time scale that goes well beyond that of the human species, at the same time including science, religion, economics, etc. Where is this human race heading, incapable of preventing itself from being destroyed in the name of unchecked growth? Guided by this question, Hiroshi Sugimoto lets his imagination and his creativity drift to meet up with both the past and the future.

Curator: Akiko Miki


Non Basta Ricordare

Christian Boltansky, Elisabetta Benassi, Maurizio Cattelan, Alberto Campo Baeza, Teddy Cruz, Giancarlo De Carlo, Gilbert&George, Alfredo Jaar, Ilya ed Emilia kabakov, Paul Mccarthy, Nobuyoshi Araki, Tony Oursler, Adrian Paci, Michelangelo Pistoletto, Gerhard Richter, Aldo Rossi, Doris Salcedo, Carlo Scarpa, Superstudio, Lara Favaretto, Toyo Ito, Vedovamazzei, Kara Walker, Lawrence Wiener, Cino Zucchi. Just some of the over 70 artists and architects featuring in the exhibition Remembering is not enought.

The exhibition of MAXXI collection emphasizes the necessity to embrace a more open vision and dynamic approach to develop and manifest the collection of the museum: not only conserving and presenting some excellent works from history and contemporary times, but moreover activating a living process in which the memories of history are continuously reconstructed in order to provide new vitality that keeps the work alive so that it continues to produce meaningful inspiration for us to understand our own time. Bringing art and architecture collections together, the current project intends to put forward the dialogues and interactions between both fields in order to create a new cultural context for innovative debates and exchanges about the significance of contemporary creation and democracy. Eventually, it seeks to open further discussions on the reinvention of art museums in our time.


Important issues related to urbanity, public space, political history and reality, body, soul, spirituality, as well as environmental future have been raised from the rich and multifaceted ensemble of the collections, revealing the great potential of their public interests. The project is also one that evolves in time and open up public interactions.

The artworks are not just put in critical dialogue with the specific architectural context. More remarkably, they are also triggers for further activities of research, public engagement and expansions, including diverse models of supporting the institution, with civic passions and participatory actions. On this perspective depends the rich program of related learning activities and initiatives for the audiences you are welcome to join.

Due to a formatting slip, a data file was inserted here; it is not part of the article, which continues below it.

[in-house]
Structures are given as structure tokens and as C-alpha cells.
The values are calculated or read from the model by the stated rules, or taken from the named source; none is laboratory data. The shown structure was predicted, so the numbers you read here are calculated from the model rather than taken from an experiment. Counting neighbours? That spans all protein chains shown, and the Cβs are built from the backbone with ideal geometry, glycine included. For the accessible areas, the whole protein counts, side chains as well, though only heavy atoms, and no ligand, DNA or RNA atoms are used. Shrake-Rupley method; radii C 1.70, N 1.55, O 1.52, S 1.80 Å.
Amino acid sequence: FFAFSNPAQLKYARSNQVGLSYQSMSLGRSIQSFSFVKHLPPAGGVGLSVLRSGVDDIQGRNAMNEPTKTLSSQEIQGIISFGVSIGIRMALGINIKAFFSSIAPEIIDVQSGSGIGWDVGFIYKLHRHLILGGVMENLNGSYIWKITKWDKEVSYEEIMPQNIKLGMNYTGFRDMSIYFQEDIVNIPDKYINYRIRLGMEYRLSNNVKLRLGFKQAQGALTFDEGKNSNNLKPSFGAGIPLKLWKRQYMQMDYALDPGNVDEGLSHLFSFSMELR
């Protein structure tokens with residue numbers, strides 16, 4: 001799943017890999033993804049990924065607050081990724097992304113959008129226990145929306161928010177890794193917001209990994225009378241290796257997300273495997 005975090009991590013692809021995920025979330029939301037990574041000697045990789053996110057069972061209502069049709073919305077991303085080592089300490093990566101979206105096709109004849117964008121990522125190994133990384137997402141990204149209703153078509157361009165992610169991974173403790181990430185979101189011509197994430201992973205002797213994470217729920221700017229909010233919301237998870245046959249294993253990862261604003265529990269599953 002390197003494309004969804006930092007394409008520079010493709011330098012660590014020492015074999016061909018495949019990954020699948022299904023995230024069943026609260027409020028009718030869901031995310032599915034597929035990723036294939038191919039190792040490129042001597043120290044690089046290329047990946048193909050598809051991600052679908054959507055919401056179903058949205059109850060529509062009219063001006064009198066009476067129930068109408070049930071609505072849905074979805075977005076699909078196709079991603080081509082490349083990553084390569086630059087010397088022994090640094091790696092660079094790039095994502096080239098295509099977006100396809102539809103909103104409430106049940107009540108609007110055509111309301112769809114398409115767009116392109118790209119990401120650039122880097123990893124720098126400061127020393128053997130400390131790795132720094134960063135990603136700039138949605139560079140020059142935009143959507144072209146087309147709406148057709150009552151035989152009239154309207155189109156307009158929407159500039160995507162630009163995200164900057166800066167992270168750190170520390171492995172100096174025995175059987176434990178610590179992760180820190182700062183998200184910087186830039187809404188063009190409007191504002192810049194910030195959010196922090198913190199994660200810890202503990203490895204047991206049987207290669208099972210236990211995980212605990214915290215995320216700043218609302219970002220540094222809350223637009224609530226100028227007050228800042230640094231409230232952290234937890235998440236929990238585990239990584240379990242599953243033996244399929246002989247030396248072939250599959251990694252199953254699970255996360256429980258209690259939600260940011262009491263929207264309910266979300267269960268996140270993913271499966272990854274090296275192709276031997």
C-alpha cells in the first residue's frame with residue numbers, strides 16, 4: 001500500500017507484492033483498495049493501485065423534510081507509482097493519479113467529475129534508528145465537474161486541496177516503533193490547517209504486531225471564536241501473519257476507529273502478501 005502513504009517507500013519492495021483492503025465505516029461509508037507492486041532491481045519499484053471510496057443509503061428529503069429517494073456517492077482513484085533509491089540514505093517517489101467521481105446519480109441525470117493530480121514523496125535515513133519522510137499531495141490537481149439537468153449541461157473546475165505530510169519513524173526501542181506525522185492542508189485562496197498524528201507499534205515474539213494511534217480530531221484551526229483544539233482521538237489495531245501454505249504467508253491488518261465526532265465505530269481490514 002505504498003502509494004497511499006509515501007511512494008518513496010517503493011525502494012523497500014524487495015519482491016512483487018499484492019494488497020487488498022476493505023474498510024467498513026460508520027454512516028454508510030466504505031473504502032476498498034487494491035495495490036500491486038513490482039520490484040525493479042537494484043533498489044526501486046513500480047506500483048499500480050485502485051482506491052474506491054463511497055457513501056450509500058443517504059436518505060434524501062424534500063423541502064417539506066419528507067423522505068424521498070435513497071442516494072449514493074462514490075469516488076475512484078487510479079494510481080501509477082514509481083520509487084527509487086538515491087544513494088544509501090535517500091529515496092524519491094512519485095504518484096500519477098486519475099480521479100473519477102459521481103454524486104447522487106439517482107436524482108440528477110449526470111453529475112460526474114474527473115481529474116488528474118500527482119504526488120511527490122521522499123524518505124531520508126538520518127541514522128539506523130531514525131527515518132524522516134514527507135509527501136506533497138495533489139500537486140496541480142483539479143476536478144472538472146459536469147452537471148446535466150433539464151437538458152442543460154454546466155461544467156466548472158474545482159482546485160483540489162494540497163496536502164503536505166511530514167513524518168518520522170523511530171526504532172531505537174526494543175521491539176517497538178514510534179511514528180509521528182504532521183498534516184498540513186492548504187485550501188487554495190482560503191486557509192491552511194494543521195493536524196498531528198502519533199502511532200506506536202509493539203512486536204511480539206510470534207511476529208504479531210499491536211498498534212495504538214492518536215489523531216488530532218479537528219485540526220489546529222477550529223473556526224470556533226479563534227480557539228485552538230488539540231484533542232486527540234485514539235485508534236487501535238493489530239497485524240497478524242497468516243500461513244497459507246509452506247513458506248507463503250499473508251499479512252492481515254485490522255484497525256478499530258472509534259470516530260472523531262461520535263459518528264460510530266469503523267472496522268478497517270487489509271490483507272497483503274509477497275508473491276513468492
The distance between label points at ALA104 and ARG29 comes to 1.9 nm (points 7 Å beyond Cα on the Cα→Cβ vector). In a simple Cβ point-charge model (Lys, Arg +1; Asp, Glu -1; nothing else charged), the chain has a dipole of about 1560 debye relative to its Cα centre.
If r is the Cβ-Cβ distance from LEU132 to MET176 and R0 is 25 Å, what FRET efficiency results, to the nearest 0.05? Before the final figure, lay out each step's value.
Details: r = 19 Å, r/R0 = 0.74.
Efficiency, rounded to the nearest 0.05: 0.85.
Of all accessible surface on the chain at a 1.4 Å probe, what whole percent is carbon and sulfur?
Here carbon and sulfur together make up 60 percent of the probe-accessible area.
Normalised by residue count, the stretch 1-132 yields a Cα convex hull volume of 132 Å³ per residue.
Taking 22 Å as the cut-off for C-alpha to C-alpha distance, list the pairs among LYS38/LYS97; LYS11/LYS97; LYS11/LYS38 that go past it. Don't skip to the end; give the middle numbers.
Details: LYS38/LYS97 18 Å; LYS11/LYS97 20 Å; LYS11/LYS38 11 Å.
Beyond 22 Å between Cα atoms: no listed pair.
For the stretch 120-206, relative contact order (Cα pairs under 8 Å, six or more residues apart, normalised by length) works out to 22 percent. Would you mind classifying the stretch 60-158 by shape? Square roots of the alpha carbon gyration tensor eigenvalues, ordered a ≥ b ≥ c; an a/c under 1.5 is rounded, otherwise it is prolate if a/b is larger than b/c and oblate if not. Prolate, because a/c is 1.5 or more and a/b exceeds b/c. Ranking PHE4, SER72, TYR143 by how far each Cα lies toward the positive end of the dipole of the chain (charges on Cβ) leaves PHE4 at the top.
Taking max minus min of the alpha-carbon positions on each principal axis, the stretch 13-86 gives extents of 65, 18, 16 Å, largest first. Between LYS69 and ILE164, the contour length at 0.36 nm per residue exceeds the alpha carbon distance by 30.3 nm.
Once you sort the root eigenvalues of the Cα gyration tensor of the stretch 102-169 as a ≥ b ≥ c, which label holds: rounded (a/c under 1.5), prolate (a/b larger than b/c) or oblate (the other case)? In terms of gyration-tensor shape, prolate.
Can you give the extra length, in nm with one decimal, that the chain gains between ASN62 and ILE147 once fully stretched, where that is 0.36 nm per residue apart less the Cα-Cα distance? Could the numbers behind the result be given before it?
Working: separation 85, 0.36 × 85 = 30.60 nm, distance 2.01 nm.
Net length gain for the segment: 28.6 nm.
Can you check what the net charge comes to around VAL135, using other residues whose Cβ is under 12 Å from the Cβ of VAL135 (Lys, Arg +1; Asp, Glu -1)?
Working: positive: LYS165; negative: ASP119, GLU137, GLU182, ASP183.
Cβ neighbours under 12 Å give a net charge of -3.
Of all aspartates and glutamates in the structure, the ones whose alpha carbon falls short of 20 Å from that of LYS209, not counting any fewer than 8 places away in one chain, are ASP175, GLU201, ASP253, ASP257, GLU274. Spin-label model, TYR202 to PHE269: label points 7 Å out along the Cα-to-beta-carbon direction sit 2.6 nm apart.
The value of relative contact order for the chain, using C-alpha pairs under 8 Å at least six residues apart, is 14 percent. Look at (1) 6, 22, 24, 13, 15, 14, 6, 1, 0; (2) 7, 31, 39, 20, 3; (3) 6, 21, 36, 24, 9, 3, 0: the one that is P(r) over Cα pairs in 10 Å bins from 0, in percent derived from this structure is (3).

Italy in SongEun : We Have Never Been Modern

Exhibition Title : Italy in SongEun : We Have Never Been Modern
Exhibition Period : Thursday, May 8th – Saturday, August 9th, 2014

In May 2014, SongEun Art Space will present its third special annual project, titled Italy in SongEun : We Have Never Been Modern featuring promising Italian young artists who are showing for the first time in Korea.

The exhibition We Have Never Been Modern aims at questioning the disappearance of guarantees and foundations for the future. We are left with the gaping ideological void of a modernity that has failed, or indeed perhaps never existed, and the impression of having been divided, segmented and trained. Rethinking the mechanisms of construction of the work of art, this exhibition tries to question where we can situate the artistic production of today and of Italy in particular and what the answer is.

The works of twenty-two Italian artists of the younger generations featured in the exhibition are indicative of the way in which Italy’s artistic life has addressed facts and values over the last few decades, calling into question the power that determined them and the discourse that transmitted them.

Uninventing modernity – Francesco Arena, Elisabetta Benassi, Rossella Biscotti, Valerio Rocco Orlando, Alberto Tadiello consider the phenomenon of hybridization which has given rise – in the last two decades – to a multifaceted and heterogeneous artistic process that draws equally from the past and the present, for both contents and means of expression.